Sometimes even marriages seemingly made in e-heaven don’t work out, and that’s just what has happened to famed auction house Sotheby’s, which is calling a halt to general auctions on its own eBay-powered Web site and will focus efforts on eBay itself.
Just last June, San Jose, Calif.-based online auction giant eBay
and upscale auction house Sotheby’s launched a new, joint Web site for the Internet sale of the kind of fine art, antiques and collectibles for which London-based Sotheby’s is famous.
But the site, built and hosted by eBay and billed to the world as “Sotheby’s.com online auctions presented by eBay,” never made any real money. In fact, just the opposite.
“As our online auctions offered by our Dealer Associates and Sotheby’s have not generated a profit for Sotheby’s, we are discontinuing separate online auctions (in May),” said Bill Ruprecht, president and CEO of Sotheby’s Holdings Inc. He added that the company is taking a one-time restructuring charge of $2 million to $3 million in the first quarter of 2003.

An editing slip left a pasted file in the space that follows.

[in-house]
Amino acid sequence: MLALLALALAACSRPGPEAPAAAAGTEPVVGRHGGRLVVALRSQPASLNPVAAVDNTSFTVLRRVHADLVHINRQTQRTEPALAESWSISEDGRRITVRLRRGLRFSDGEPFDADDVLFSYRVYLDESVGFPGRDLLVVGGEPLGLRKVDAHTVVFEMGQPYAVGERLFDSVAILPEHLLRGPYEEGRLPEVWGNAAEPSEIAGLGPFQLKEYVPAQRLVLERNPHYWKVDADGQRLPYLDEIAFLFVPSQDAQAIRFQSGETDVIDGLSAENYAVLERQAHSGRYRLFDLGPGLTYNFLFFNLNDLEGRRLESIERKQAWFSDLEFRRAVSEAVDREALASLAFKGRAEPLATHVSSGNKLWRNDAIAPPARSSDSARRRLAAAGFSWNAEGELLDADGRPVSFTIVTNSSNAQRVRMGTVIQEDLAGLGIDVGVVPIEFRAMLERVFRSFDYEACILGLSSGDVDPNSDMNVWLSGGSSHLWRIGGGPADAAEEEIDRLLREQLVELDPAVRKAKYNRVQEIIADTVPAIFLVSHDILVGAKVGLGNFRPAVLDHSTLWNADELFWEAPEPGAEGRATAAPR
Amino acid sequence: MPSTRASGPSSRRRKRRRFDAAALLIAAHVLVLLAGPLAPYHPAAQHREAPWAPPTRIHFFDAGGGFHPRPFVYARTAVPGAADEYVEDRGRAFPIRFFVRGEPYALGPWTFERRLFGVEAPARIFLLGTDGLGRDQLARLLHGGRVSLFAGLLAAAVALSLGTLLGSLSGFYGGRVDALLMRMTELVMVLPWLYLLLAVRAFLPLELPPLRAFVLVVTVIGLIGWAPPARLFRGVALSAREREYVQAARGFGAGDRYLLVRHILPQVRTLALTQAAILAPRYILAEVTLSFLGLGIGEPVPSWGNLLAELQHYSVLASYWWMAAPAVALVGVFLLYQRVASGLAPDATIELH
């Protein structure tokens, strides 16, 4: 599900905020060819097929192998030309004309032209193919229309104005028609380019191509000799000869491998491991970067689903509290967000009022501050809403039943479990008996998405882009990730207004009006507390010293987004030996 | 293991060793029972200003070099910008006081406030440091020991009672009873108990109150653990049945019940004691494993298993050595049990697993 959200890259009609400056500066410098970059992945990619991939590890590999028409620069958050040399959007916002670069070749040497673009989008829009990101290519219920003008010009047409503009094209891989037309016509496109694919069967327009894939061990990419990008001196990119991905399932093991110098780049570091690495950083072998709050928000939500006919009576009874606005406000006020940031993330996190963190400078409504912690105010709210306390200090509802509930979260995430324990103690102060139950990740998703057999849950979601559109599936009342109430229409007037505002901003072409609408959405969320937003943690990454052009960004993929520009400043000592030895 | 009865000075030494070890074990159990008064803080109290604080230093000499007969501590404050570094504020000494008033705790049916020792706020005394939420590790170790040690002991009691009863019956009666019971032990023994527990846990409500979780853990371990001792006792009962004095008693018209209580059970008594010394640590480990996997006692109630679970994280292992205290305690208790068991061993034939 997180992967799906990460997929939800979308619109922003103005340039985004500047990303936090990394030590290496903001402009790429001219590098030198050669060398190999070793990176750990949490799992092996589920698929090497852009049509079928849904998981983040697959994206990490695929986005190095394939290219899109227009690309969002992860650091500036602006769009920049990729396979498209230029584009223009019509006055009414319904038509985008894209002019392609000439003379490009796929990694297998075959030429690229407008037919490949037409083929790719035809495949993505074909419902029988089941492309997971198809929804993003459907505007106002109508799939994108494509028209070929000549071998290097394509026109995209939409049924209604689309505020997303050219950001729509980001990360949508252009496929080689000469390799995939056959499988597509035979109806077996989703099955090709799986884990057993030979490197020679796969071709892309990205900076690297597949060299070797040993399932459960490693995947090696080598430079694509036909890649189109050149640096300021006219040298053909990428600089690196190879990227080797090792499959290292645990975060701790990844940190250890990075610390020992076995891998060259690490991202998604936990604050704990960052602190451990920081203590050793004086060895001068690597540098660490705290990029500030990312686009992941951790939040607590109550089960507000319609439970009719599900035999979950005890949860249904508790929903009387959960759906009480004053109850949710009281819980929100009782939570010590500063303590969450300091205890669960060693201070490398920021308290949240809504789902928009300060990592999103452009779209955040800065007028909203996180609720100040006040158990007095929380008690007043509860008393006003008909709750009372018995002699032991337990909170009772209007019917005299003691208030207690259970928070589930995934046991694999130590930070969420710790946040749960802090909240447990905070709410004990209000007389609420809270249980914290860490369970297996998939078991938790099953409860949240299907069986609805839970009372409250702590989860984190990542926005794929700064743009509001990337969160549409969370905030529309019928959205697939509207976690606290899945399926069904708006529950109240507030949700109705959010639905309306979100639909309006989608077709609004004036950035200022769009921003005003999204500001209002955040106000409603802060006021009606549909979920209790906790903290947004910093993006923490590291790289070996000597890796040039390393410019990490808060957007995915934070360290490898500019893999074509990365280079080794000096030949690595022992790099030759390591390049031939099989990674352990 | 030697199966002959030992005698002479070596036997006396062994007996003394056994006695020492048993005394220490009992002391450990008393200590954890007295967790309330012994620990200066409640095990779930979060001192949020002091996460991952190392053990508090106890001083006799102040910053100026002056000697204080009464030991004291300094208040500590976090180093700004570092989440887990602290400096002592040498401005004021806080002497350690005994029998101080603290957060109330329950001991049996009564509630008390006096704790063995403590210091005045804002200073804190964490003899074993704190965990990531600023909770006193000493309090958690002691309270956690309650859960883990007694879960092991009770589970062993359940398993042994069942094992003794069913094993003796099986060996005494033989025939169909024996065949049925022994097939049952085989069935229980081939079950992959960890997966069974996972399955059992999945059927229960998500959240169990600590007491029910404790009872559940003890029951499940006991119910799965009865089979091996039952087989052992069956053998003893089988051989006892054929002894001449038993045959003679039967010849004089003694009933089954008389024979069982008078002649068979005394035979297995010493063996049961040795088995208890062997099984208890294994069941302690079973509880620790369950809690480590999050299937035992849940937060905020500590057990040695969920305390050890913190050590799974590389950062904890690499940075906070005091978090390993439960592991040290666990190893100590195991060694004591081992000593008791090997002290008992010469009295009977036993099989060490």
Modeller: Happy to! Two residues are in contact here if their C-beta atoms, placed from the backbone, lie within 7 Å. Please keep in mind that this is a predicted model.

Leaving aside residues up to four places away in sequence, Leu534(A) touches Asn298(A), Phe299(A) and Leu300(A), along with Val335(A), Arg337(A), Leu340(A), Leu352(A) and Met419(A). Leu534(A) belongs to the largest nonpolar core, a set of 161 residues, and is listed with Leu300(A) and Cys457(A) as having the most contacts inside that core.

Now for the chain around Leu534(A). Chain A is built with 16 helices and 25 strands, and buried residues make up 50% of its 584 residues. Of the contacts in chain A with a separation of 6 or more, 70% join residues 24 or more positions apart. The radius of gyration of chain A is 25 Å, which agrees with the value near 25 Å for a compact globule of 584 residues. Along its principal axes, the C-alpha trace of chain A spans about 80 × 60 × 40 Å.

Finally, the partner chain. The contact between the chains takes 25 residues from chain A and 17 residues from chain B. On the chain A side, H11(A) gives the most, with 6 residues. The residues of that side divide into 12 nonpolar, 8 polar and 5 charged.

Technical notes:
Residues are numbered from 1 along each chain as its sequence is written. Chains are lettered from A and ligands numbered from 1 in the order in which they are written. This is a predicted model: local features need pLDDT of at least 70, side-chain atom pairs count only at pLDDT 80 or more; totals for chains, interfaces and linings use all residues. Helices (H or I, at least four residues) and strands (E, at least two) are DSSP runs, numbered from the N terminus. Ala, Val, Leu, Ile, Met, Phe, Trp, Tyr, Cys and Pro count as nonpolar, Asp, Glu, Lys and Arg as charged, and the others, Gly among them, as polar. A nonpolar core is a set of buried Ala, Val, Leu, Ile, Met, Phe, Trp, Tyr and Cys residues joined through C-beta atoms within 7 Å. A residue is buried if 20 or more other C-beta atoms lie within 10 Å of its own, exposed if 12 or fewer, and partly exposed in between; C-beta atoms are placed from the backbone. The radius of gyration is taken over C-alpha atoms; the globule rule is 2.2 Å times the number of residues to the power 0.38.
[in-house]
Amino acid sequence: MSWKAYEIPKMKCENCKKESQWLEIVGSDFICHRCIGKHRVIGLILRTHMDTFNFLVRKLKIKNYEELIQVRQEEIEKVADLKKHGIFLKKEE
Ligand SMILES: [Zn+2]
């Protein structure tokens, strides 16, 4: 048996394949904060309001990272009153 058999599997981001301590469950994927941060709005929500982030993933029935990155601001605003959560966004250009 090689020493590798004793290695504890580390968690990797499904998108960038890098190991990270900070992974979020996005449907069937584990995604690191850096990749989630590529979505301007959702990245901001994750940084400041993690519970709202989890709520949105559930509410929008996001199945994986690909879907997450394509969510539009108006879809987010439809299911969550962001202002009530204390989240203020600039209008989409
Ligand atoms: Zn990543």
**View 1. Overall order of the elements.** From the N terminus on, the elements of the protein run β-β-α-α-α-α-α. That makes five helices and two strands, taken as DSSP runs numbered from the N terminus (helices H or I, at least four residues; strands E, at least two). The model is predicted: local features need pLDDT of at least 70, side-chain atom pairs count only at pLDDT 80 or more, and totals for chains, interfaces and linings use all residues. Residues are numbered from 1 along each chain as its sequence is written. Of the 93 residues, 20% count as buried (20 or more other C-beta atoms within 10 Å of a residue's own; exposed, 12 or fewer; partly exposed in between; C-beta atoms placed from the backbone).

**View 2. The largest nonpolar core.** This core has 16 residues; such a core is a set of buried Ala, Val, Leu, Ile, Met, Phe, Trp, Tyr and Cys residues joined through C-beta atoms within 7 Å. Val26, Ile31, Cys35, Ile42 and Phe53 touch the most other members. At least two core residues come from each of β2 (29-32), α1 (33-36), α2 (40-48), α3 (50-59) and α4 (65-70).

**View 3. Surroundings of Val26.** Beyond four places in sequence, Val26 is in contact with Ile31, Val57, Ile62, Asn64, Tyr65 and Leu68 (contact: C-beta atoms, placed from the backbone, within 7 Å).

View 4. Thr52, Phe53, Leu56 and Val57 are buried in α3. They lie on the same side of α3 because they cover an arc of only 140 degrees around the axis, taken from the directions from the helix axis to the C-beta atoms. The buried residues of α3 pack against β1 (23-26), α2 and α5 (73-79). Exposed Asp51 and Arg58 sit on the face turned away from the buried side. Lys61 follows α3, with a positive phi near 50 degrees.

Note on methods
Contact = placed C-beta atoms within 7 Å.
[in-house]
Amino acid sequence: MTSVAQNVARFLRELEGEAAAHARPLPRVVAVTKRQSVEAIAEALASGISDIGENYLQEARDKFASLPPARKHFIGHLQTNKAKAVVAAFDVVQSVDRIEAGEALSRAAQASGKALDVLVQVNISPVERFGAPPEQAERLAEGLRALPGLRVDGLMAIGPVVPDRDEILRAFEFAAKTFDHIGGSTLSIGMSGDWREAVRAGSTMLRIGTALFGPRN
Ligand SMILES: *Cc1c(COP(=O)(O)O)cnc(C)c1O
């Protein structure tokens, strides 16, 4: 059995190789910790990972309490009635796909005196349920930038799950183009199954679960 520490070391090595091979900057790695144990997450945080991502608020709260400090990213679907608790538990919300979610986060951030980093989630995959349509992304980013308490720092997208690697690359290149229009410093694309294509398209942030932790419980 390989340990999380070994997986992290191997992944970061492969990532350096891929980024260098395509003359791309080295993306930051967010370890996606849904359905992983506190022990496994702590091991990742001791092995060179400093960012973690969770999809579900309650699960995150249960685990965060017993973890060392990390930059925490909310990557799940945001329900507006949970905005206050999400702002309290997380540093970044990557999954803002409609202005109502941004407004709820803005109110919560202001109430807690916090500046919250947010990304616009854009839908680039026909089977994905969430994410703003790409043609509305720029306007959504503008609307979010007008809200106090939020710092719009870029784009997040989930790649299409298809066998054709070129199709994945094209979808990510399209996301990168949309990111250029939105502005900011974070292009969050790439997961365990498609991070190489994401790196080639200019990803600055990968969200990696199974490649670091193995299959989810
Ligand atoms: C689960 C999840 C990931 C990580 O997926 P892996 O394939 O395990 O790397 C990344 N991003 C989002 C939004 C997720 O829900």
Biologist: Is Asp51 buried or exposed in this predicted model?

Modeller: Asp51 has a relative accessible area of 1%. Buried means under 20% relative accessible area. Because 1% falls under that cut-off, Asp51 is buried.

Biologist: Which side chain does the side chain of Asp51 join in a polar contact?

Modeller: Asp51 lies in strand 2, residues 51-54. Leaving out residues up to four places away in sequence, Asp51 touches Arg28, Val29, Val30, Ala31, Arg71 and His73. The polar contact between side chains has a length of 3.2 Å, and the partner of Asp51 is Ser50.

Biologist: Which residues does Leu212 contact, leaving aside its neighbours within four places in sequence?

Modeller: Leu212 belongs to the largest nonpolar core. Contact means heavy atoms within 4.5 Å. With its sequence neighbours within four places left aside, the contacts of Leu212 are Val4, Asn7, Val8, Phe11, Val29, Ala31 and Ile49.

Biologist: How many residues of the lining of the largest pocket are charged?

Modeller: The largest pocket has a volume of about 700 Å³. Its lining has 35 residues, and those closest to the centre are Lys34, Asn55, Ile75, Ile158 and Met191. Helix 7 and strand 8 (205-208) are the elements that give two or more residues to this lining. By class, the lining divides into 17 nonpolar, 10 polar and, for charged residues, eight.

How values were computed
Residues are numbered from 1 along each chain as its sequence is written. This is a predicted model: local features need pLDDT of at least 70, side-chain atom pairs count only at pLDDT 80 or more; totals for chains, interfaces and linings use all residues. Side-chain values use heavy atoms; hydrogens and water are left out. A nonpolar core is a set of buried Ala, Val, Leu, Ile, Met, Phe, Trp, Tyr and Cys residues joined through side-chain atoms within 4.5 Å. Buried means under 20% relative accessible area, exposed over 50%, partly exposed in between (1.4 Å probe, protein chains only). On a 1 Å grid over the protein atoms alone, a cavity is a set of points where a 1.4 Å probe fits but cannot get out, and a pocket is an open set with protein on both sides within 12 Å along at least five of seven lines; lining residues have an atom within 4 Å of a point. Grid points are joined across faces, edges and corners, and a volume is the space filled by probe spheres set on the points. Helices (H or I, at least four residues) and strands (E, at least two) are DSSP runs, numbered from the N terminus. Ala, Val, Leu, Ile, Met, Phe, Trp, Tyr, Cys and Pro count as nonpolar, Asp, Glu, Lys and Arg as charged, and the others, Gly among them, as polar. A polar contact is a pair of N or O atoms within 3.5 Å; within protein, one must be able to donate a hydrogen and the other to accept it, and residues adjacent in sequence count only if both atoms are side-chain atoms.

The Sothebys.com Web site itself will continue, but the focus will be on supporting Sotheby’s real-world live auction business, using eBay’s technology for integrating real world and online auctions. Sotheby’s will concentrate its own Internet efforts on eBay’s arts and antiques categories, which generated $1 billion plus in sales last year.
Clearly Sotheby’s sees some benefits from its integration efforts, as Ruprecht said that eBay’s Live Auctions technology “is of growing interest to Sotheby’s existing clients
because it allows them to follow Sotheby’s traditional auctions via the Internet and place bids online, in real time. We anticipate increased interest as clients become more familiar with its availability and ease of use.”